Blackberries In Charts: California leads impressive category growth

July 02 , 2019

In the ‘In Charts’ series, Agronometrics illustrates how the U.S. market is evolving. Each week the article will look at a different horticultural commodity, focusing on a specific origin or topic visualizing the market factors that are driving change.

Catching up on random industry reading material, your author stumbled across a paper from the University of Arizona that mentioned Walter Knott – one of the early berry enthusiasts in California.

On a personal note, having a father from the LA Area, the name stood out to me immediately from visits to my grandparents’ house as a child.

Although Knott’s Berry Farms started out selling berries and jams on the side of the road, the company evolved into a restaurant with a ghost town and rides to entertain guests as they waited.

Today Knotts Berry Farms is a name with strong ties to the fresh produce industry, but has completely transformed itself into an amusement park with 40 roller coasters.

In the random twists and turns that the industry can take you down, this reference brought a smile to my face and I thought I would use it as a jumping off point to look at blackberries and California’s role in the U.S. Markets.

During the last nine years, blackberries saw an impressive 56% increase in volume. Most of the yearly volume has been added by Mexico, whose volume has grown by 45% during the same time period.

However, California has been the origin adding the largest amount of volumes. During the last two years alone, its volumes grew 149%.


U.S. blackberry movements by origin (non-organic)

(Source: USDA Market News via Agronometrics)

[Agronometrics users can view this chart with live updates here]


The impressive growth the category has experienced is reflected in a mellowing of prices. These have seen a steady downward trend over the time period observed.

However, when we look at why and how California has grown, it is important to note a significant difference in prices in the U.S. state and Mexico.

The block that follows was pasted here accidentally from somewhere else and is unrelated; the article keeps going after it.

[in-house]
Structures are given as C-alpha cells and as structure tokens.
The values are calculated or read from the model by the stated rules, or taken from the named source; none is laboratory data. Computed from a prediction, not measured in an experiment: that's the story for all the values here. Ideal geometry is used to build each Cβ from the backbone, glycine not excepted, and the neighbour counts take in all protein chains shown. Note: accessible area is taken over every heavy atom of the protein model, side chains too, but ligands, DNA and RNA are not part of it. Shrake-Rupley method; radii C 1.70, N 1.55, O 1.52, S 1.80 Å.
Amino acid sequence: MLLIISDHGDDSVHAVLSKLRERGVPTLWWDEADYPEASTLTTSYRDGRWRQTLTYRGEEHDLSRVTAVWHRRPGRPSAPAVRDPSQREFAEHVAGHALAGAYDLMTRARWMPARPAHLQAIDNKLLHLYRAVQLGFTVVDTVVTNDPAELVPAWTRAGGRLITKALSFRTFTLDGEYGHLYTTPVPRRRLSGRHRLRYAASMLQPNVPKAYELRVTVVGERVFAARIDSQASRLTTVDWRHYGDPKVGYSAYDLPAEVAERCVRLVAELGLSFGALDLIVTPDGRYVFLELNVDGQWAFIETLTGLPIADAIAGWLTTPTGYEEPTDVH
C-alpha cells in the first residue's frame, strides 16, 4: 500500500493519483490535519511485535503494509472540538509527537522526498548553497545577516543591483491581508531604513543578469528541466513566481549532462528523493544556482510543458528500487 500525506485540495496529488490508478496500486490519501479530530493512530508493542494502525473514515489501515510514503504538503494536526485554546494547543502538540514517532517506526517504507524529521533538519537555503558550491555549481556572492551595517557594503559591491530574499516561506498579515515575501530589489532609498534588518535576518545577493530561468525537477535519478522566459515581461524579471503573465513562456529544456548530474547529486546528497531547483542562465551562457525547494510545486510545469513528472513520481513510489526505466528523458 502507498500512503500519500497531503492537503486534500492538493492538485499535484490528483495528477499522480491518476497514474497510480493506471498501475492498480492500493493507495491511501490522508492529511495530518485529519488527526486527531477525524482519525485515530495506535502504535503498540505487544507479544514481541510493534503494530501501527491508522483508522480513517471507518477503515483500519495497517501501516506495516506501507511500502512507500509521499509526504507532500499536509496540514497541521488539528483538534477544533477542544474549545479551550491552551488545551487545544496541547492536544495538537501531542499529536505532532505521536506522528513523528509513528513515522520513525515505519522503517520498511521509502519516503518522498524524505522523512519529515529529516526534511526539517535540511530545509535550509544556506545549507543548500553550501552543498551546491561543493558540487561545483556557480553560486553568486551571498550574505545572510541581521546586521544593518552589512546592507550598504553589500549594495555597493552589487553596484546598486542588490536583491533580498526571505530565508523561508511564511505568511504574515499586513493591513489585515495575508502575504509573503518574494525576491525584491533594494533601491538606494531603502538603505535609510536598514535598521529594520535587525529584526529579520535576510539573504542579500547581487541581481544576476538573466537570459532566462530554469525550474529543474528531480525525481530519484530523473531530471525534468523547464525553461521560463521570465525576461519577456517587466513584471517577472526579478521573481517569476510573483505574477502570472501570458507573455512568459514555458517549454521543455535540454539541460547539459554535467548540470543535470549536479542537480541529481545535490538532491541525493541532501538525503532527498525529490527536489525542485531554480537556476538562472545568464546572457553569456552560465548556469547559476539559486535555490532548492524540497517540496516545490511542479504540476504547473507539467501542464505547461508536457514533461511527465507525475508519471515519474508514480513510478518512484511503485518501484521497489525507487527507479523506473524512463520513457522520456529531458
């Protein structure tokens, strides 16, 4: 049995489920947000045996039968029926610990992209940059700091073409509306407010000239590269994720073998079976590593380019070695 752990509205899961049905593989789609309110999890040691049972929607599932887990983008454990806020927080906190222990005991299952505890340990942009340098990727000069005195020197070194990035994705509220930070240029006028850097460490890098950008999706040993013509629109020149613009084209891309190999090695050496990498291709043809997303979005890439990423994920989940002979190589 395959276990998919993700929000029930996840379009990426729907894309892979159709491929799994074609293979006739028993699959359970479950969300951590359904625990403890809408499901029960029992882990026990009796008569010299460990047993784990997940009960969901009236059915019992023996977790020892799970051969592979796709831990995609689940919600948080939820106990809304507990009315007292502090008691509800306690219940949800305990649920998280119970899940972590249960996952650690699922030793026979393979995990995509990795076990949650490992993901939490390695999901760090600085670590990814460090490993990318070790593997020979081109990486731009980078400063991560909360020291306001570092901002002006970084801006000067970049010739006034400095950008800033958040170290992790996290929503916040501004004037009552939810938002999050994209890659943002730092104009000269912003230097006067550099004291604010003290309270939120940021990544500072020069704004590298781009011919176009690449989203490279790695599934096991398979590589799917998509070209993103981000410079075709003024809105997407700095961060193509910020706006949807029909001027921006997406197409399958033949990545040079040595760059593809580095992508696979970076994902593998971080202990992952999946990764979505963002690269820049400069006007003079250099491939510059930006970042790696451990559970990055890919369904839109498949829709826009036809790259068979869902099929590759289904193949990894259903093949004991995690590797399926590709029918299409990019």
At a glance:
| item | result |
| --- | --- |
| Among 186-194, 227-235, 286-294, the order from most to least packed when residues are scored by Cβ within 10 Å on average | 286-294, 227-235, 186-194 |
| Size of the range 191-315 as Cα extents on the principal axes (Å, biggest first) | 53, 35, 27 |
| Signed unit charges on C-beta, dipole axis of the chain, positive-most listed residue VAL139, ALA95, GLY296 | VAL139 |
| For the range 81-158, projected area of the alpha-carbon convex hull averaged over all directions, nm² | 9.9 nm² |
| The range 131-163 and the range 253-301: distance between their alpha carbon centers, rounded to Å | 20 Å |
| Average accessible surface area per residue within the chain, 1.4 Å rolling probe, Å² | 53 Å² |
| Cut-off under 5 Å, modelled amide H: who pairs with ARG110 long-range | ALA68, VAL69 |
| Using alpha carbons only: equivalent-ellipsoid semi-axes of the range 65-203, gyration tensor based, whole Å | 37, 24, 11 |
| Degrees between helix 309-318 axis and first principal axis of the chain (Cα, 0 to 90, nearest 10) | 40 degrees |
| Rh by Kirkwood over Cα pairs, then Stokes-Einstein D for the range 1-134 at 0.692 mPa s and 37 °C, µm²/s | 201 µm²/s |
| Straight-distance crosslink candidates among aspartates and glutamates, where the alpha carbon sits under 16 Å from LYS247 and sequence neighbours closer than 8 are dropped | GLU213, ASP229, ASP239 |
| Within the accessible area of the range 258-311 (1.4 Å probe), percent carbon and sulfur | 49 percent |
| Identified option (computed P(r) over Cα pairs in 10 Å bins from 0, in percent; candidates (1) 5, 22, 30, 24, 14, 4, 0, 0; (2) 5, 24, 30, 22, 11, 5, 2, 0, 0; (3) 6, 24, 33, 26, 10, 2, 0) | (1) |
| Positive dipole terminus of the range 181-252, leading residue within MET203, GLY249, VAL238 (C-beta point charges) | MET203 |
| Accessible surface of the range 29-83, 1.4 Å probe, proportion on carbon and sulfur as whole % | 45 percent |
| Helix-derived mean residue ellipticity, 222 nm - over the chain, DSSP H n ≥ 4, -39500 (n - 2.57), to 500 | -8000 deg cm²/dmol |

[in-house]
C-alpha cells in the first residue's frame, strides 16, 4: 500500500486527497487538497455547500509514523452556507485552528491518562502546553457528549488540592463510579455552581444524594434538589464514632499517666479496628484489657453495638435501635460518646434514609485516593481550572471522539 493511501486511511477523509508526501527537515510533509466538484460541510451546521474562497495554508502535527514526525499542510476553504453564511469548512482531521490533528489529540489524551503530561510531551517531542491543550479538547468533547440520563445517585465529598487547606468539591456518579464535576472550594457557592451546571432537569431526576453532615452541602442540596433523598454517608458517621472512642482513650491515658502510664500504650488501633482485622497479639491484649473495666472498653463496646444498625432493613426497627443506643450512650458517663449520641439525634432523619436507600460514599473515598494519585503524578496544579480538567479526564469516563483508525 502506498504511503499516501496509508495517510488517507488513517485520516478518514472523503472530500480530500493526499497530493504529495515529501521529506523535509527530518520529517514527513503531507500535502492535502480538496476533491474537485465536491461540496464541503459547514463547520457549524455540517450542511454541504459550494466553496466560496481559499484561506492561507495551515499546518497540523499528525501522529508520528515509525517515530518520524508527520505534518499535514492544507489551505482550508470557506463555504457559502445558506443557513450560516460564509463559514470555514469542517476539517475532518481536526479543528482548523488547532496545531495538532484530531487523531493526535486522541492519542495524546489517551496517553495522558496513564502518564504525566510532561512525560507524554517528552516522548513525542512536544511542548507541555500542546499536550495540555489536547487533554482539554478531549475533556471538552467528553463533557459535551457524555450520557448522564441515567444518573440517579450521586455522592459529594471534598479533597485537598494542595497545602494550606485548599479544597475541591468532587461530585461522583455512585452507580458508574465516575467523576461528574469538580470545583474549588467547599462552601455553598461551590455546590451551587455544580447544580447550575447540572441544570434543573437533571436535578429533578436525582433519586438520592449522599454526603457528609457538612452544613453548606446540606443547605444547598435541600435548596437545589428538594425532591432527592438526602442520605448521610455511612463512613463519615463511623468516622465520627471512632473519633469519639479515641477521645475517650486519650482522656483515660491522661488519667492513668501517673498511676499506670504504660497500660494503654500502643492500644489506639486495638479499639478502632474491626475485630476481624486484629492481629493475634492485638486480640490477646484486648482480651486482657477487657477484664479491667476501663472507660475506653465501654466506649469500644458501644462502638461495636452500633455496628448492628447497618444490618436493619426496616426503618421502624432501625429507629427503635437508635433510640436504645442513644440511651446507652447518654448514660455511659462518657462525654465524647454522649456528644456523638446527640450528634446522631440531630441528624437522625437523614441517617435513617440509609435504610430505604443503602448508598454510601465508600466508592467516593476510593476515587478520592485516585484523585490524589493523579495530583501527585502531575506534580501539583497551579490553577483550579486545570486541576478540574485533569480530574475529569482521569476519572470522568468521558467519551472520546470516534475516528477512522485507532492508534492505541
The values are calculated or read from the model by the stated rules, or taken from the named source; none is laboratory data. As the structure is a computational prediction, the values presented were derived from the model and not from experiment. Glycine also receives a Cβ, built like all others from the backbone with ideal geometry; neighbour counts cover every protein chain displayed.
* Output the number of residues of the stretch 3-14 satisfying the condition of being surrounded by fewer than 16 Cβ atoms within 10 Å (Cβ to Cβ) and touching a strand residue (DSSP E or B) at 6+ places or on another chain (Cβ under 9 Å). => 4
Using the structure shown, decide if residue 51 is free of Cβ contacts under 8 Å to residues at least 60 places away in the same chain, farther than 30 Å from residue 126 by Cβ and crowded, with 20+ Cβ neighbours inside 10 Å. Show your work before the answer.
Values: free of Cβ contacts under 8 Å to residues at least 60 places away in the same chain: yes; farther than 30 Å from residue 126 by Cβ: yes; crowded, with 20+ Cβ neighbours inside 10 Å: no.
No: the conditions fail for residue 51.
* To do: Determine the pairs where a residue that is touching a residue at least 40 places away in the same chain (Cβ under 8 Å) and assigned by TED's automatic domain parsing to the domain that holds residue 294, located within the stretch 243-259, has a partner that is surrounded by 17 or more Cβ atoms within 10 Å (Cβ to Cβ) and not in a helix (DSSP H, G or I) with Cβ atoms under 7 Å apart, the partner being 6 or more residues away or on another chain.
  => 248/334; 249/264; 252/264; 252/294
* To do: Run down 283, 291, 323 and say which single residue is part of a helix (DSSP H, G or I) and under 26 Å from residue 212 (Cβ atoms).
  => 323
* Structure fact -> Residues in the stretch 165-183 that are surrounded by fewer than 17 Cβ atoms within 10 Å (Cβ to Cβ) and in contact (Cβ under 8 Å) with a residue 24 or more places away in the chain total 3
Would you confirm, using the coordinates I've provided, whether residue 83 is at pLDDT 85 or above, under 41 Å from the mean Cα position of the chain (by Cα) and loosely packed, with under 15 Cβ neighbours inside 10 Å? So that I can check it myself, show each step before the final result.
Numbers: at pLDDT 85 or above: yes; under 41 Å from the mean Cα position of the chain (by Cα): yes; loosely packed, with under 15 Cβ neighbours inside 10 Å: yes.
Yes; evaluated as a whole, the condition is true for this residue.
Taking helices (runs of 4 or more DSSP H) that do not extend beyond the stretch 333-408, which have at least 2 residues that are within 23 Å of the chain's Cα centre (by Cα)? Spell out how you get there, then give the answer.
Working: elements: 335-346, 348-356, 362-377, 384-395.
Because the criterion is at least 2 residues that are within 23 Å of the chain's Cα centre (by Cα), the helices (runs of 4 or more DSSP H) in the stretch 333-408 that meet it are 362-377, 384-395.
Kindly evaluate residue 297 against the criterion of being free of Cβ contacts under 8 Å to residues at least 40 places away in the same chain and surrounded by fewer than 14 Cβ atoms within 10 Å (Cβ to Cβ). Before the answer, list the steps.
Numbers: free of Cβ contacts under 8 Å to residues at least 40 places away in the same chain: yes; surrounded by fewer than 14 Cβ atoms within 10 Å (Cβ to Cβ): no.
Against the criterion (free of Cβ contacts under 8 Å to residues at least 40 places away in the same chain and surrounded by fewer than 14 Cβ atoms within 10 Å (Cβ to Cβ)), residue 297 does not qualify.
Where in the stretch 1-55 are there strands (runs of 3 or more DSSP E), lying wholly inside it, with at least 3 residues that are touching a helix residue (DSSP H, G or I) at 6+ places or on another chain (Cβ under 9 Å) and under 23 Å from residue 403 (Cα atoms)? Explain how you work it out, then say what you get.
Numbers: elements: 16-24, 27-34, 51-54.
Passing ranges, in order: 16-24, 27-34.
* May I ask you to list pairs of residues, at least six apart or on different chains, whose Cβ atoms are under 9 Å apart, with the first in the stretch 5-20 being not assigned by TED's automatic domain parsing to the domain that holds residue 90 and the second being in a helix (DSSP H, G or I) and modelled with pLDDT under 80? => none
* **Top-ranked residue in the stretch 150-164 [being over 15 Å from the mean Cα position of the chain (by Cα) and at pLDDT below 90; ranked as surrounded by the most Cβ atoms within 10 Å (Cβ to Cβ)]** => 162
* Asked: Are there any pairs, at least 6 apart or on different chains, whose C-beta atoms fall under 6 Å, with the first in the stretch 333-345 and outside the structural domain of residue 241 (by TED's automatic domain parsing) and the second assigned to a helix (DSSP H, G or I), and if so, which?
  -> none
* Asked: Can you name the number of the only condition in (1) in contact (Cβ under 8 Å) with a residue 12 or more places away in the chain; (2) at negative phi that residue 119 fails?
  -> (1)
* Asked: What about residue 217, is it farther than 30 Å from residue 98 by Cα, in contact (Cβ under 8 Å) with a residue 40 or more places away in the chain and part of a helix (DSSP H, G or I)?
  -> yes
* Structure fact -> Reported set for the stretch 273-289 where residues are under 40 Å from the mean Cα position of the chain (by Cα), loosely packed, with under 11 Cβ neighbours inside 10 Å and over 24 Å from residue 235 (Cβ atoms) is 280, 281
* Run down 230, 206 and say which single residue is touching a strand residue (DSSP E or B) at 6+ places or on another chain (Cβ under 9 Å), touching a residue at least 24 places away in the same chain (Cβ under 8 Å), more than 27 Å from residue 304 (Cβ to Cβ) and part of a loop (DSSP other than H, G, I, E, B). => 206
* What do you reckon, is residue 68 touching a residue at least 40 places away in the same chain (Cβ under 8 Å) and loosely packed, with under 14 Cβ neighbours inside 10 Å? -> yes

U.S. blackberry volumes and prices (non-organic)

(Source: USDA Market News via Agronometrics)

[Agronometrics users can view this chart with live updates here]


Much of the difference in price can be appreciated in the commercial windows each origin dominates.

California’s growth, for instance, has come in at a very strategic point, taking advantage of a natural gap in production left by Mexico right between May and September.


U.S. blackberry movements by origin

(Source: USDA Market News via Agronometrics)

[Agronometrics users can view this chart with live updates here]


Right on the heels of a strong finish by Mexico, the category usually sees a surge in prices in June, which is exactly the window that California, Guatemala and the U.S. southeast producers have been aiming for.


Historic blackberry shipping point prices (12 6oz cups with lids), non-organic

(Source: USDA Market News via Agronometrics)

[Agronometrics users can view this chart with live updates here]


As we can see in the third chart in this report, and despite California’s impressive growth, the total volume arriving to the market between June and September are still the lowest volumes of the year.

This period also coincides with higher demand for other berries during the Northern Hemisphere’s summer months as consumers look to dress up their salads, cereals and cakes.

Should California’s growth continue at this rate, it is possible that it will reach a point at which the marginal returns on increased volume may not benefit from the attractive pricing they have historically seen, especially toward the end of the season.

In September 2015, for example, California’s fruit was being sold for US$16.79, only to go for US$11.82 during the same period in 2018. 

In our ‘In Charts’ series, we work to tell some of the stories that are moving the industry. Feel free to take a look at the other articles by clicking here.

You can keep track of the markets daily through Agronometrics, a data visualization tool built to help the industry make sense of the huge amounts of data that professionals need to access to make informed decisions. If you found the information and the charts from this article useful, feel free to visit us at www.agronometrics.com where you can easily access these same graphs, or explore the other 23 fruits we currently track.

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